The story has shifted a little in the past 48 hours, led by Nadine Dorries whose public remarks resulted first in a reprimand from David Cameron and, overnight, to action by Withers on behalf of the Telegraph in respect of allegations made by her.
I will admit to liking Nadine Dorries, and I have every sympathy with her on a personal level. However - irrespective of whether there is any truth in what she says, she is saying it badly. She is also the wrong person to say it. Long on self-justification, short on humility. For Nadine, discretion would definitely be the better part of valour.
Her initial blogpost refuting the allegations on the evening they were to be published was garbled. Even to those like Cassius who would want to see the best of her, it raised more questions than it answered, and left the distinct impression that she didn't have a main home (and therefore could hardly be paying additional costs) - or (in the alternative) if she did have a main home it was somehow special and secret.
Nadine has now turned to attacking the way the Telegraph have handled the story. She should ask herself how else could they have done it? They have so far published about 200 cases. If they included them in one single edition, the highet profile would have suffered disproportionately and many lesser but important offenders would have escaped attention. The Telegraph is not an unpaid auditor for the fees office, which has itself been sitting on the information and could have published it. Every MP is privy to their own claims (they, after all, submitted them) - and each is free to publish their own in order and pre-empt the "unfair treatment" which she is complaining of. It's not as if there is a shortage of spinners and media managers at Westminster.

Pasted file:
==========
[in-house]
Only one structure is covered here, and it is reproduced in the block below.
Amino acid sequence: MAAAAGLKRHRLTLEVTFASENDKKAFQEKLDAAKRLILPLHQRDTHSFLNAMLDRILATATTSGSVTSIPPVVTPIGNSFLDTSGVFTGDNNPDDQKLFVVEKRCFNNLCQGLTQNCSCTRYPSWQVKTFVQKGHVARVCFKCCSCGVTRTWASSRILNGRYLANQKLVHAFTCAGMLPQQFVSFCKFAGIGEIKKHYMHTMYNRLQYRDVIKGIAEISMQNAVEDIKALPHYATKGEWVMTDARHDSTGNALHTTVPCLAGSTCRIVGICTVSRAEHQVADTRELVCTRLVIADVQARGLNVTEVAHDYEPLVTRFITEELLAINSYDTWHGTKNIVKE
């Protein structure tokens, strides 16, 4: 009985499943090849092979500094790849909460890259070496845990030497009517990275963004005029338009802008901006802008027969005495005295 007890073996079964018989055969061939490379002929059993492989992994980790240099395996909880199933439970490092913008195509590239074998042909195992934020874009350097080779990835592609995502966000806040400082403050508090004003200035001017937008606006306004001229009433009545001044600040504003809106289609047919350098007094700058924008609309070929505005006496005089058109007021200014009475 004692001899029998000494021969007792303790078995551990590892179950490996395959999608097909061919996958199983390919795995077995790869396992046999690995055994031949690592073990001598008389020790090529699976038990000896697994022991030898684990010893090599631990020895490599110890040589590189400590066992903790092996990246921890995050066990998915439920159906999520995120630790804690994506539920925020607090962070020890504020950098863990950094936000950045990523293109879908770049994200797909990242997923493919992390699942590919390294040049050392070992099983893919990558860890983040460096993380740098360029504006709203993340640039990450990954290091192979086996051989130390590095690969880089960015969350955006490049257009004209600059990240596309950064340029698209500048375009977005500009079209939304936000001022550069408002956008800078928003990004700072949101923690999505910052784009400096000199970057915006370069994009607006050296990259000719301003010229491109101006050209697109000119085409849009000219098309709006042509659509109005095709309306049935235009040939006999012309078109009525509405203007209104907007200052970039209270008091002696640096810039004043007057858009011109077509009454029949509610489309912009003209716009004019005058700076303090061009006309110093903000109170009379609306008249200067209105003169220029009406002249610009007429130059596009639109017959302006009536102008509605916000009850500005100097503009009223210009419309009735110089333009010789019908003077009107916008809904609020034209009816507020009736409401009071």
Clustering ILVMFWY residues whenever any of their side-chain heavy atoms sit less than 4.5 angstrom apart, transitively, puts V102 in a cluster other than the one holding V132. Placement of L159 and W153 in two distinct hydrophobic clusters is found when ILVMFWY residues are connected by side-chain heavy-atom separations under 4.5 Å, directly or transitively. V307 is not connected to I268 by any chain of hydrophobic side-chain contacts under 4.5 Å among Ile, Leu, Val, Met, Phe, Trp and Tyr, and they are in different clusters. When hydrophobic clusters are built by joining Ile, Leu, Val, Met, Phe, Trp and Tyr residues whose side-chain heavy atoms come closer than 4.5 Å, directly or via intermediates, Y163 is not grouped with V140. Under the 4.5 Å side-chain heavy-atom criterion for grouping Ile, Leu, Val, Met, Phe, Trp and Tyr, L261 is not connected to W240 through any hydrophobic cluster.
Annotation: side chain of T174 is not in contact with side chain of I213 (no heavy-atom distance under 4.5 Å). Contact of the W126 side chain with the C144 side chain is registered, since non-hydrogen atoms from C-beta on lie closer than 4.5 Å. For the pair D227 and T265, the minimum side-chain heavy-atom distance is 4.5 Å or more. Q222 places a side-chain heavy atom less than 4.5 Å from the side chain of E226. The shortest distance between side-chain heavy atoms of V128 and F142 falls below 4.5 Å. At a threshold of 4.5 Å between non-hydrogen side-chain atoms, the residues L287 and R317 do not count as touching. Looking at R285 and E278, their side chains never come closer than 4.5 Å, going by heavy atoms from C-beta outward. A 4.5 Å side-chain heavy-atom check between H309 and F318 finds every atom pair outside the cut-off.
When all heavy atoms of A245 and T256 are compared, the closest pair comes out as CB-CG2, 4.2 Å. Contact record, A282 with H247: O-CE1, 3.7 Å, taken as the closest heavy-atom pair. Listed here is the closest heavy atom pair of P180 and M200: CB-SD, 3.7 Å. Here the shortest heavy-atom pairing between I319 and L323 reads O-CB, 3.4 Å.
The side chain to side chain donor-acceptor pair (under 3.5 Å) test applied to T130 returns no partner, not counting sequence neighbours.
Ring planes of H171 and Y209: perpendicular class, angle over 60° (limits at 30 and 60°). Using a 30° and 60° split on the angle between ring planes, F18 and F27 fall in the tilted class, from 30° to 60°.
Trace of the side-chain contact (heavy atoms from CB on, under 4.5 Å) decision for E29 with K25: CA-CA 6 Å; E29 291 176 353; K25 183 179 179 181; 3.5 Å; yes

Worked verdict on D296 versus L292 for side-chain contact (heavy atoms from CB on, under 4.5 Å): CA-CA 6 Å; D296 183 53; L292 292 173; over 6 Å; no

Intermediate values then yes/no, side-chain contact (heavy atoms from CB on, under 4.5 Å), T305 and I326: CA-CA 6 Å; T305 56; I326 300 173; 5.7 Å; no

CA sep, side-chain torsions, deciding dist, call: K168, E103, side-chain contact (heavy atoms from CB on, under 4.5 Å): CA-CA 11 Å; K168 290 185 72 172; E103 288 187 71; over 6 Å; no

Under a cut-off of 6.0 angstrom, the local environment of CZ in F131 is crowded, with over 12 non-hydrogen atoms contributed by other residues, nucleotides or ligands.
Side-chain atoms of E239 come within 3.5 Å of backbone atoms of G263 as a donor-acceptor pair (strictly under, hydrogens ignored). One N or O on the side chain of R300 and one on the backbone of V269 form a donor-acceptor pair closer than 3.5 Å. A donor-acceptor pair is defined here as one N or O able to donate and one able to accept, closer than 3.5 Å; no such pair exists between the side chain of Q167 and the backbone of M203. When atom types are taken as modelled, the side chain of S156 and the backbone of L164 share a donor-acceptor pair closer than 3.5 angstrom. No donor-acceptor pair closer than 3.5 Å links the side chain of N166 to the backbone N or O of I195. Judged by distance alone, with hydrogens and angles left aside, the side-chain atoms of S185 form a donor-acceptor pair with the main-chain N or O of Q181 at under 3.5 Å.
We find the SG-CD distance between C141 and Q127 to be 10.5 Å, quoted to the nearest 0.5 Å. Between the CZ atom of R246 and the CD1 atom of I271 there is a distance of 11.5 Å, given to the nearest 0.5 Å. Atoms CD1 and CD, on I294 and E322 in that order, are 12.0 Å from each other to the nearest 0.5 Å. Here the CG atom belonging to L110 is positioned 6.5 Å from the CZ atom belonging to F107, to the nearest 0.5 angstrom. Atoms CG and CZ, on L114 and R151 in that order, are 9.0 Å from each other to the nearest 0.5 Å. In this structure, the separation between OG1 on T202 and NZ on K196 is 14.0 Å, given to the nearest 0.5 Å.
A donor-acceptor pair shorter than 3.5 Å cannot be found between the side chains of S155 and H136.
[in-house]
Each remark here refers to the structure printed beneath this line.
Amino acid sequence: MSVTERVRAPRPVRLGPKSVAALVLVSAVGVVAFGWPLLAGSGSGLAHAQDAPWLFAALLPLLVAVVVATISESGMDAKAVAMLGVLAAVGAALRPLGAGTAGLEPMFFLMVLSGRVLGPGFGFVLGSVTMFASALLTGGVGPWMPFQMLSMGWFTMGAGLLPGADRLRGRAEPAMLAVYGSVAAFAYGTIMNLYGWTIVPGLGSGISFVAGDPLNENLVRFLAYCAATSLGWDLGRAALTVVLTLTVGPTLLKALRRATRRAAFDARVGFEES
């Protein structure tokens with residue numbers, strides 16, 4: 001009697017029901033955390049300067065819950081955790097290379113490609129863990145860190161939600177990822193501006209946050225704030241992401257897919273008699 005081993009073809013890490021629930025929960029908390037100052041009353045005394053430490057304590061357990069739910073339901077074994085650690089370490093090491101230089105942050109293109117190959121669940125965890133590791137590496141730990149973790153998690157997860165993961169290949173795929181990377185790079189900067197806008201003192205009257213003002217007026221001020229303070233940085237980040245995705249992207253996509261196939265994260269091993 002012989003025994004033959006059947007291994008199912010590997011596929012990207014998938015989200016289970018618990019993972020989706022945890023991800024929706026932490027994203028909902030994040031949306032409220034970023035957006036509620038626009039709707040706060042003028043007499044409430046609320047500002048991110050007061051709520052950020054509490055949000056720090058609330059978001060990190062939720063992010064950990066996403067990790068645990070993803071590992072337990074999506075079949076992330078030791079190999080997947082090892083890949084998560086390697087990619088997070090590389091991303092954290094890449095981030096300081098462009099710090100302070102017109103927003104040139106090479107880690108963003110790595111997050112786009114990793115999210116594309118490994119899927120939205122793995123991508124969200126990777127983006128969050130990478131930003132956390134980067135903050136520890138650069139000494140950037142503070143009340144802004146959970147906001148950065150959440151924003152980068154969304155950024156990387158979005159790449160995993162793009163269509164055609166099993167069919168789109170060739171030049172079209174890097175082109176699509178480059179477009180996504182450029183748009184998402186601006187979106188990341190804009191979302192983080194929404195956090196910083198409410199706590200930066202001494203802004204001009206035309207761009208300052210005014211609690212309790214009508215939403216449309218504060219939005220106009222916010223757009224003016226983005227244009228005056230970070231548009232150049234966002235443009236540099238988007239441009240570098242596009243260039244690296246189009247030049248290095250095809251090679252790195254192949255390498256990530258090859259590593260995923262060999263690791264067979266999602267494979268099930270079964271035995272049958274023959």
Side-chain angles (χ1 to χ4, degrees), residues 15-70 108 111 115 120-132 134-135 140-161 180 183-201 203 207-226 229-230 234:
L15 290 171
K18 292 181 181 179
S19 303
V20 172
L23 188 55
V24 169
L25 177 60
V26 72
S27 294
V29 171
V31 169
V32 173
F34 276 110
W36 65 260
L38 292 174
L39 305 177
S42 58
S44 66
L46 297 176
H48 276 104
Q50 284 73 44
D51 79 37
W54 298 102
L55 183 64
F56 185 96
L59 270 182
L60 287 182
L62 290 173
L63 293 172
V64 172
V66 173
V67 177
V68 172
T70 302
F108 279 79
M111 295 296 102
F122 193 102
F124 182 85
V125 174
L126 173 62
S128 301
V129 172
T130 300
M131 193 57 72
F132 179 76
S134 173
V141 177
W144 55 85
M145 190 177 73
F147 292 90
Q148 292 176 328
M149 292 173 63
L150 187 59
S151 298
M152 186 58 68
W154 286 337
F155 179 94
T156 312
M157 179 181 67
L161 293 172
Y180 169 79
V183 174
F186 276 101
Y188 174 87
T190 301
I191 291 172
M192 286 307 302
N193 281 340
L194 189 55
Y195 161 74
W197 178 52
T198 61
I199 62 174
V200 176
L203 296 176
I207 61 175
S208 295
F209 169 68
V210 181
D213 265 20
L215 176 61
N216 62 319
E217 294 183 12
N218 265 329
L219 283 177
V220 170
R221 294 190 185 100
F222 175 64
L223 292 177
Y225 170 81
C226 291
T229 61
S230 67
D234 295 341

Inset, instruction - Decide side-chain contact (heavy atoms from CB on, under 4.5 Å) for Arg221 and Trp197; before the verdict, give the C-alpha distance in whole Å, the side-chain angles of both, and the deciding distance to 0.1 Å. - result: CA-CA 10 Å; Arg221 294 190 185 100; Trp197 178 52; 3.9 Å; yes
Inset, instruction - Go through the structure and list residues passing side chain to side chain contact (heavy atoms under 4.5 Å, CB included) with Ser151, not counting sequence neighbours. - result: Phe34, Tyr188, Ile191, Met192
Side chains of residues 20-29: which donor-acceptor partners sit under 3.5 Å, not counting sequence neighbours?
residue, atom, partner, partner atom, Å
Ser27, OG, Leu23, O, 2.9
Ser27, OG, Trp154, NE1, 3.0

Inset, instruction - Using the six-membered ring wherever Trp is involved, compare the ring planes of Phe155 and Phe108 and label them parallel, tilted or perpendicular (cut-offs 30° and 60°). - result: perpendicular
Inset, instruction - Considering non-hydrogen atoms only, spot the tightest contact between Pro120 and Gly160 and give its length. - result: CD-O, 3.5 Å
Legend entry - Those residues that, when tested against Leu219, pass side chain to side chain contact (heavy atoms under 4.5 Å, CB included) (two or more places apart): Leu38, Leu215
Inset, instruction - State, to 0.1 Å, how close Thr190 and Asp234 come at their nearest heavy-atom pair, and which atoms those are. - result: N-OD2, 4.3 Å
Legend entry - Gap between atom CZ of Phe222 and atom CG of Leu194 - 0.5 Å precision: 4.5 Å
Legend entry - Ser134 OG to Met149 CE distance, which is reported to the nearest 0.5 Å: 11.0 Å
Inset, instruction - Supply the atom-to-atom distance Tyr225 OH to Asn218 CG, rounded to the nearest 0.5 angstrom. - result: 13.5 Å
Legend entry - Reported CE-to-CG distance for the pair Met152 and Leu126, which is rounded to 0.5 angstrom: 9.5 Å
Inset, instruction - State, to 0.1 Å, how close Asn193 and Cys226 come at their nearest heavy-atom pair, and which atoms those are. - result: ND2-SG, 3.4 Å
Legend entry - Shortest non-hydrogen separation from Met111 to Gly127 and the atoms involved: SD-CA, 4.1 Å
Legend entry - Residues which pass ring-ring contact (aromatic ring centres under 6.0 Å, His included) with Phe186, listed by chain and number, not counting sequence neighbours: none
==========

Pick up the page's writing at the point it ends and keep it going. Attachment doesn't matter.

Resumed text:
But worse still she is pushing the "allowance" line - which I have written about here before. She thinks she is being clever by pointing to the fact that divorce courts have taken the allowance into account (I think she might be wrong, of which more later), but ignores the perfectly obvious point that allowances are not taxed. This is the definitive measure of whether expenses are "out of pocket" or not, and these most definitely are. The rules are clear.
Whether MP's are paid enough or not is neither here nor there. What matters is that those elected to positions of public trust have used and abused a system, and gained at the public expense. I don't care if the fees office told them to do it, or the whips, or whoever else - the Electorate are entitled to expect better.
Our MP's are the lawmakers. We elect them to do what is right on our behalf, and in doing so we place them in a position of trust. They have breached that trust, collectively and (in hundreds of cases) individually. The only solution now is that they publish their claims immediately, and come back to the country in a General Election to ask us to trust them again. Many of them might be pleasantly surprised.
Nadine Dorries, like Gordon Brown, appears to believe that the people are in some way unqualified to be the arbiters of all this, and that the cleansing should be subject to some rules or process. This betrays a total misunderstanding of the role of an elected politician. An MP is not an employee, but a trustee - holding power upon a trust settled by every individual Elector in his constituency, qualified or not, rich or poor, academic or illiterate, Tory, Labour or noshow. The Voters right to choose the people in whom they trust is absolute and unassailable. Not only should they be allowed to decide, unhindered by investigation and spin from Westminster, but they are the only people who can decide.
Nadine should accept that sometimes it is better to say nothing, and turn to face her constituents. It is their personal support, and not her public protestations, which will determine her future.